Saluda, South Carolina

Saluda is a town in Saluda County, South Carolina, United States, along the Little Saluda River. The population was 3,565 at the 2010 census. It is the county seat of Saluda County.[5]

Saluda, South Carolina
Downtown Saluda
Downtown Saluda
"" [1]
Location in Saluda County, South Carolina
Coordinates: 34°0′11″N 81°46′18″W / 34.00306°N 81.77167°W / 34.00306; -81.77167Coordinates: 34°0′11″N 81°46′18″W / 34.00306°N 81.77167°W / 34.00306; -81.77167
CountryUnited States
StateSouth Carolina
 • Total3.29 sq mi (8.52 km2)
 • Land3.25 sq mi (8.41 km2)
 • Water0.04 sq mi (0.11 km2)
479 ft (146 m)
 • Total3,565
 • Estimate 
 • Density1,109.57/sq mi (428.46/km2)
Time zoneUTC-5 (EST)
 • Summer (DST)UTC-4 (EDT)
ZIP code
Area code(s)864
FIPS code45-63250[3]
GNIS feature ID1250737[4]


Saluda is located at 34°0′11″N 81°46′18″W / 34.00306°N 81.77167°W / 34.00306; -81.77167 (34.003131, -81.771691).[6]

According to the United States Census Bureau, the town has a total area of 3.3 square miles (8.5 km2), of which 3.2 square miles (8.3 km2) is land and 0.04 square miles (0.10 km2) (1.22%) is water.


Historical population
Census Pop.
2019 (est.)3,605[2]1.1%
U.S. Decennial Census[7]

As of the census[3] of 2000, there were 3,066 people, 1,103 households, and 788 families residing in the town. The population density was 947.1 people per square mile (365.4/km2). There were 1,211 housing units at an average density of 374.1 per square mile (144.3/km2). The racial makeup of the town was 48.76% White, 40.48% African American, 0.23% Native American, 9.95% from other races, and 0.59% from two or more races. Hispanic or Latino of any race were 19.37% of the population.

There were 1,103 households, out of which 33.6% had children under the age of 18 living with them, 40.8% were married couples living together, 24.6% had a female householder with no husband present, and 28.5% were non-families. 24.5% of all households were made up of individuals, and 11.4% had someone living alone who was 65 years of age or older. The average household size was 2.75 and the average family size was 3.21.

In the town, the population was spread out, with 28.0% under the age of 18, 12.2% from 18 to 24, 28.1% from 25 to 44, 18.6% from 45 to 64, and 13.1% who were 65 years of age or older. The median age was 31 years. For every 100 females, there were 97.9 males. For every 100 females age 18 and over, there were 93.9 males.

The median income for a household in the town was $26,964, and the median income for a family was $31,042. Males had a median income of $25,208 versus $19,921 for females. The per capita income for the town was $13,032. About 22.9% of families and 28.5% of the population were below the poverty line, including 37.4% of those under age 18 and 18.5% of those age 65 or over.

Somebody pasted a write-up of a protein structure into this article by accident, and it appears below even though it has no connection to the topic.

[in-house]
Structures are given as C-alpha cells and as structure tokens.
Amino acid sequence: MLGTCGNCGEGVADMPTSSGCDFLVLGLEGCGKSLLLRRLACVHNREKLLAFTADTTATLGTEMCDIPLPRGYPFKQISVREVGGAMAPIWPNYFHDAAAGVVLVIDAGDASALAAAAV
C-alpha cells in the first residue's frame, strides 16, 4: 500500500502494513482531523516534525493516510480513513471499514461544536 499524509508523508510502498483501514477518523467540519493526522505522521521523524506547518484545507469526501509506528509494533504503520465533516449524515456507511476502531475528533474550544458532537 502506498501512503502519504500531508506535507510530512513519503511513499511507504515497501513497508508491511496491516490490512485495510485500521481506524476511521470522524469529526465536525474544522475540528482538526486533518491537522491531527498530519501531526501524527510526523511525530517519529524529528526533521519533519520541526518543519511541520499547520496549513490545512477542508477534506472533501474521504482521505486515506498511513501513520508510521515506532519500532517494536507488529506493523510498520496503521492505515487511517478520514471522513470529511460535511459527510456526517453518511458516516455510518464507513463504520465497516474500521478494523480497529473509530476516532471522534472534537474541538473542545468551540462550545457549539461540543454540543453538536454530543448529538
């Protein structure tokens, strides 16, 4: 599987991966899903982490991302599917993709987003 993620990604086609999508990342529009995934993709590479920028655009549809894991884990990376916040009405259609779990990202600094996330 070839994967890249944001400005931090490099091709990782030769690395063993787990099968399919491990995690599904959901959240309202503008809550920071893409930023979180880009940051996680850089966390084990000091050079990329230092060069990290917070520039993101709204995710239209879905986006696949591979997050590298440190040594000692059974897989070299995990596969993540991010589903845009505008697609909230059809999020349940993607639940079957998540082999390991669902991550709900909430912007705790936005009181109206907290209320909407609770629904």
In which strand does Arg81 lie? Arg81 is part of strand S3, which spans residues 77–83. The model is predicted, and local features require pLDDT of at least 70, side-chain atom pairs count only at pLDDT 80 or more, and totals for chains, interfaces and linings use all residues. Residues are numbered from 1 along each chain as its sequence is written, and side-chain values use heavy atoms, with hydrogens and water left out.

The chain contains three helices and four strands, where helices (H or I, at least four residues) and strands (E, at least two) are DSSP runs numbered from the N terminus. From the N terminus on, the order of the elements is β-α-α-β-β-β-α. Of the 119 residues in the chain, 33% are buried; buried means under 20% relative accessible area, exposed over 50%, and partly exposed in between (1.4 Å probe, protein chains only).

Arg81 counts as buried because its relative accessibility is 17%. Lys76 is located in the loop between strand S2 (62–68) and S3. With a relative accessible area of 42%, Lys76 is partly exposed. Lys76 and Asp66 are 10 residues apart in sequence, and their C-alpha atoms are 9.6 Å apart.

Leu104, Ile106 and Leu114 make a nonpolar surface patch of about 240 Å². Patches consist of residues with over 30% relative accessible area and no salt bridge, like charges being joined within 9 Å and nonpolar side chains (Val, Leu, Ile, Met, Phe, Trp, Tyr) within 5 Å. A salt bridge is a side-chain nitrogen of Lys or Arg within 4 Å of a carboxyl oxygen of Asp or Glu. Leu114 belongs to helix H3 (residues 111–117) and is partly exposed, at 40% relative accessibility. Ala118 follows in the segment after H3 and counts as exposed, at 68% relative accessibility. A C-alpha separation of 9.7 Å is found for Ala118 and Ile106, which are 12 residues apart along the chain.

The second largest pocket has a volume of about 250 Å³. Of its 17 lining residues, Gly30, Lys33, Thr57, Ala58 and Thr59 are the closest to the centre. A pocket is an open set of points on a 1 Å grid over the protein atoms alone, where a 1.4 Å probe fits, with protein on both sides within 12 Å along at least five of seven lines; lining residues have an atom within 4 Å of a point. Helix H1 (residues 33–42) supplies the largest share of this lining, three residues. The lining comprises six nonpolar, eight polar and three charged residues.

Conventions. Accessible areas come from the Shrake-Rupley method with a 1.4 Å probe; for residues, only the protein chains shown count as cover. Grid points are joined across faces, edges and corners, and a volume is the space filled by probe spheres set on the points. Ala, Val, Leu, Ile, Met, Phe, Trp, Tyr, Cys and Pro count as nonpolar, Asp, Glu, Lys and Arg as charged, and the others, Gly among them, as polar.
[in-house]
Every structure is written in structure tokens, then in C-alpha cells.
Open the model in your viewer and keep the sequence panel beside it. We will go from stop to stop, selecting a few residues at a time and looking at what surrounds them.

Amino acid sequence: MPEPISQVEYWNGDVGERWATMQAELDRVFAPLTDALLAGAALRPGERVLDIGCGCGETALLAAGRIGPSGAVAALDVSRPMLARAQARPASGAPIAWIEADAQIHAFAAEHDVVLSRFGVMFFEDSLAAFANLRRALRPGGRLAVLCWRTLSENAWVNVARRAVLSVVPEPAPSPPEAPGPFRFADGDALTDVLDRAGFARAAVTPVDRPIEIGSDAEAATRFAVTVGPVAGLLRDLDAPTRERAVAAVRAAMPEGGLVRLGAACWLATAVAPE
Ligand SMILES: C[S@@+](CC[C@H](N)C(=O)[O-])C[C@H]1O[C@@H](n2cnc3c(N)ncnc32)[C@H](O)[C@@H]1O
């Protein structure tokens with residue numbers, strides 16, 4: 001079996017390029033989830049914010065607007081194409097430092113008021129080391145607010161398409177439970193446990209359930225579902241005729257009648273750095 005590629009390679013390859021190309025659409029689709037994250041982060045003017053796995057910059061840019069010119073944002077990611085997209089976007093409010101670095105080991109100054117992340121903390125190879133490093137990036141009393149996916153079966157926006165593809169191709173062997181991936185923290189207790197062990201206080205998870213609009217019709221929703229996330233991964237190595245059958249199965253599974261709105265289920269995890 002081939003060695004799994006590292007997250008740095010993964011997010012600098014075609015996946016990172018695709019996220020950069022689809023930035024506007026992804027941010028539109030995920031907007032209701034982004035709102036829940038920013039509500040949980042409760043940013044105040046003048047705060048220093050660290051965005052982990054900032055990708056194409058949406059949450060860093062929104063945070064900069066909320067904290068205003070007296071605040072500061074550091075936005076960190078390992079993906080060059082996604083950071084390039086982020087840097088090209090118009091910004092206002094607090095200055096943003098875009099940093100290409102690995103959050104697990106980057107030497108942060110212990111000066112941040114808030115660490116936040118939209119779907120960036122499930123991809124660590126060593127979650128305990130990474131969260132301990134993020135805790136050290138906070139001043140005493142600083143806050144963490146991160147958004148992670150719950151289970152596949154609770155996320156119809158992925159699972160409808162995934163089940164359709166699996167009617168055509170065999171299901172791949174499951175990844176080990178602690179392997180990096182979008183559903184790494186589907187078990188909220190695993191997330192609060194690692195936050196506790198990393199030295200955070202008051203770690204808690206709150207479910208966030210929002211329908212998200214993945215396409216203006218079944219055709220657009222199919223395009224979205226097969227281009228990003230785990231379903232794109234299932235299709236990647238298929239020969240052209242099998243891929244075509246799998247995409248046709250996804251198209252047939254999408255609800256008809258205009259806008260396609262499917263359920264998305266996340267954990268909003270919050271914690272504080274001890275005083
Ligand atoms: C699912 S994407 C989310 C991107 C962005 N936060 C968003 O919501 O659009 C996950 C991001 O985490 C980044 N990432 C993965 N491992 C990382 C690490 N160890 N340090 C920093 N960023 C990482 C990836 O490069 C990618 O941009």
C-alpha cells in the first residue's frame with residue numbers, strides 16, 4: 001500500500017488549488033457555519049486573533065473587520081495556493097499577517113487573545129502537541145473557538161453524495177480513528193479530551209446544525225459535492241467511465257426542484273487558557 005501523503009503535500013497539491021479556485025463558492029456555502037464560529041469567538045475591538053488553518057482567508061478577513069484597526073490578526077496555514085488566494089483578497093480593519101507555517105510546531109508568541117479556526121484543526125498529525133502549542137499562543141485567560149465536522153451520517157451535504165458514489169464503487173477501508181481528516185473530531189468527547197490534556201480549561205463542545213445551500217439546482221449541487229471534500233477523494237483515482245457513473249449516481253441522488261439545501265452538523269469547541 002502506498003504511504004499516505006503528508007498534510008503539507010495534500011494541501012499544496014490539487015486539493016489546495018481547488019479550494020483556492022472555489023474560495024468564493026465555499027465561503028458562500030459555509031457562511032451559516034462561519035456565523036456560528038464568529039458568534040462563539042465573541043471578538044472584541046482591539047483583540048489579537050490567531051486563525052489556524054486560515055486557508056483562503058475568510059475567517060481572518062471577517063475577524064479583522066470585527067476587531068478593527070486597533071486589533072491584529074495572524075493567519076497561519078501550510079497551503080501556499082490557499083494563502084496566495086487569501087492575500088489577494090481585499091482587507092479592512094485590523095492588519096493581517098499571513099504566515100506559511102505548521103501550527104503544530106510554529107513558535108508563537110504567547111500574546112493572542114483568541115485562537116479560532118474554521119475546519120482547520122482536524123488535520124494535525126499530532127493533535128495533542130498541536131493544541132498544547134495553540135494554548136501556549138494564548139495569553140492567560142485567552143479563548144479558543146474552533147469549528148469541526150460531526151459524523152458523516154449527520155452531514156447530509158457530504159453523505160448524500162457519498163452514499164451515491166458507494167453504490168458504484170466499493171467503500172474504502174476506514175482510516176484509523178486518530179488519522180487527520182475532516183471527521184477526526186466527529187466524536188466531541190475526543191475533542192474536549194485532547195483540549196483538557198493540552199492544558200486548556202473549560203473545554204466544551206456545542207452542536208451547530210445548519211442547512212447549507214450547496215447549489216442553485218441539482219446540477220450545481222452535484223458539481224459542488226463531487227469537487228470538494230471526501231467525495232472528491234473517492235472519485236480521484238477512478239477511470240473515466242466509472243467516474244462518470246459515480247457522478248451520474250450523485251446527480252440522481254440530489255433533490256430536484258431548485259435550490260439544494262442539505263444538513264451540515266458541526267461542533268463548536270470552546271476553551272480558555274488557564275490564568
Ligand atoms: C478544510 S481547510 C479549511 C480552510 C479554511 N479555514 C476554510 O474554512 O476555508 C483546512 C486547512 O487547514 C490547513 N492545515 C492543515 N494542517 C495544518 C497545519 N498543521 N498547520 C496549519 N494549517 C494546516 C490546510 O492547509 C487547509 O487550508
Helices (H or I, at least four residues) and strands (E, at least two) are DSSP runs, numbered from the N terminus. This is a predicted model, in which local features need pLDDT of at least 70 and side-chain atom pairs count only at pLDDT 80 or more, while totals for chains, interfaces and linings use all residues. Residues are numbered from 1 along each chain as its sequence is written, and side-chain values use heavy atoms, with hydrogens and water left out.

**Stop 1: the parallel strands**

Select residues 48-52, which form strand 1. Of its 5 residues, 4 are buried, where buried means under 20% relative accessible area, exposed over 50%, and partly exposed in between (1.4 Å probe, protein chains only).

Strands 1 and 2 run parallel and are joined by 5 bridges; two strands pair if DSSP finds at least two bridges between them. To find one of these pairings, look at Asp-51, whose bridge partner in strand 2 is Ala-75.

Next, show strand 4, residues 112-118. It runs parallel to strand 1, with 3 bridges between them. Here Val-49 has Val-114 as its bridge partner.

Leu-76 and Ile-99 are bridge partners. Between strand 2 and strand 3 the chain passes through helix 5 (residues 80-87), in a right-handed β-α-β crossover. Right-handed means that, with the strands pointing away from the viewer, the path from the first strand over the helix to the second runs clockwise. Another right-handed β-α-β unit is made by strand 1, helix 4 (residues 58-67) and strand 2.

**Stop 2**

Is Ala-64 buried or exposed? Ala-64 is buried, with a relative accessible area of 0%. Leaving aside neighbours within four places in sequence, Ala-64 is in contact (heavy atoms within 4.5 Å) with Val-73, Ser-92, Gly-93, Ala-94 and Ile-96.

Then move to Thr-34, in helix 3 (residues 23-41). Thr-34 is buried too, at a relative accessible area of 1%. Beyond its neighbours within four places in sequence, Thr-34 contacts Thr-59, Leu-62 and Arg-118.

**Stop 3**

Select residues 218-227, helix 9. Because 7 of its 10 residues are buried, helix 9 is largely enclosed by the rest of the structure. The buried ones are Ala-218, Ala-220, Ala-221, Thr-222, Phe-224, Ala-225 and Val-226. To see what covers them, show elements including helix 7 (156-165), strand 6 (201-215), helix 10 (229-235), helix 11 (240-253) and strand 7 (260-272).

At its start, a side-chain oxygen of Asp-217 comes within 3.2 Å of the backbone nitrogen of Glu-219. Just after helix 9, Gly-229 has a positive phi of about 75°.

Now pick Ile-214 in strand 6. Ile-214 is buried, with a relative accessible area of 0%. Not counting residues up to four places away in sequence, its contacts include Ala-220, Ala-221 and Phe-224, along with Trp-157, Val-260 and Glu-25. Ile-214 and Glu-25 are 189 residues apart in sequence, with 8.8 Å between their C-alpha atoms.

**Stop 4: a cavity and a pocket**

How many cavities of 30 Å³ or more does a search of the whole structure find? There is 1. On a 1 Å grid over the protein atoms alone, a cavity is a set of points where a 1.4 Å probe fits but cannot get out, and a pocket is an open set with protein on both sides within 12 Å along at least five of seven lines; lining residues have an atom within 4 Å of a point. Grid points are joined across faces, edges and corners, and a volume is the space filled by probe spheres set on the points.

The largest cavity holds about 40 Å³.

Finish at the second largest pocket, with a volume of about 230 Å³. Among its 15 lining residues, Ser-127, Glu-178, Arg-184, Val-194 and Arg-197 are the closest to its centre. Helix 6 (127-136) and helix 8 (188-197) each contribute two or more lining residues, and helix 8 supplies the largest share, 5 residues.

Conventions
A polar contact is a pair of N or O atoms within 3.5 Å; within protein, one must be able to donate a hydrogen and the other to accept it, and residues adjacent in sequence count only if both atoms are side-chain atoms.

Prior to the formation of Saluda County in 1896, the town was named Redbank and was renamed to match the county it became the seat of.

The Bonham House, Butler Family Cemetery, Marsh-Johnson House, Old Strother Place, Saluda Old Town Site, Saluda Theatre, Stevens-Dorn Farmstead, and Whitehall are listed on the National Register of Historic Places.[8]


Saluda has a public library, a branch of the Saluda County Library.[9]

Notable peopleEdit

  • James Butler Hare, (1918-1966) was elected to the U.S. House of Representatives for South Carolina's 3rd congressional district[10]
  • Lyndon Amick, former NASCAR driver turned soldier
  • James Bonham, who fought and died at the Battle of the Alamo (his boyhood home is the only home of an Alamo defender known to still exist today)
  • Milledge Luke Bonham (younger brother of James), former Governor of South Carolina
  • William B. Travis, Texian commander of the Alamo
  • Jonathan Brooks, Professional football player who was drafted in the 4th round of the 1979 NFL Draft by the Detroit Lions. Played 2 professional seasons. One with Detroit in 1979 and played for Atlanta and St Louis in 1980.


  1. ^ "2019 U.S. Gazetteer Files". United States Census Bureau. Retrieved July 29, 2020.
  2. ^ a b "Population and Housing Unit Estimates". United States Census Bureau. May 24, 2020. Retrieved May 27, 2020.
  3. ^ a b "U.S. Census website". United States Census Bureau. Retrieved 2008-01-31.
  4. ^ "US Board on Geographic Names". United States Geological Survey. 2007-10-25. Retrieved 2008-01-31.
  5. ^ "Find a County". National Association of Counties. Retrieved 2011-06-07.
  6. ^ "US Gazetteer files: 2010, 2000, and 1990". United States Census Bureau. 2011-02-12. Retrieved 2011-04-23.
  7. ^ "Census of Population and Housing". Retrieved June 4, 2015.
  8. ^ "National Register Information System". National Register of Historic Places. National Park Service. July 9, 2010.
  9. ^ "Locations & Hours". Greenville County Library System. Retrieved 13 June 2019.
  10. ^ Congressional biography

External linksEdit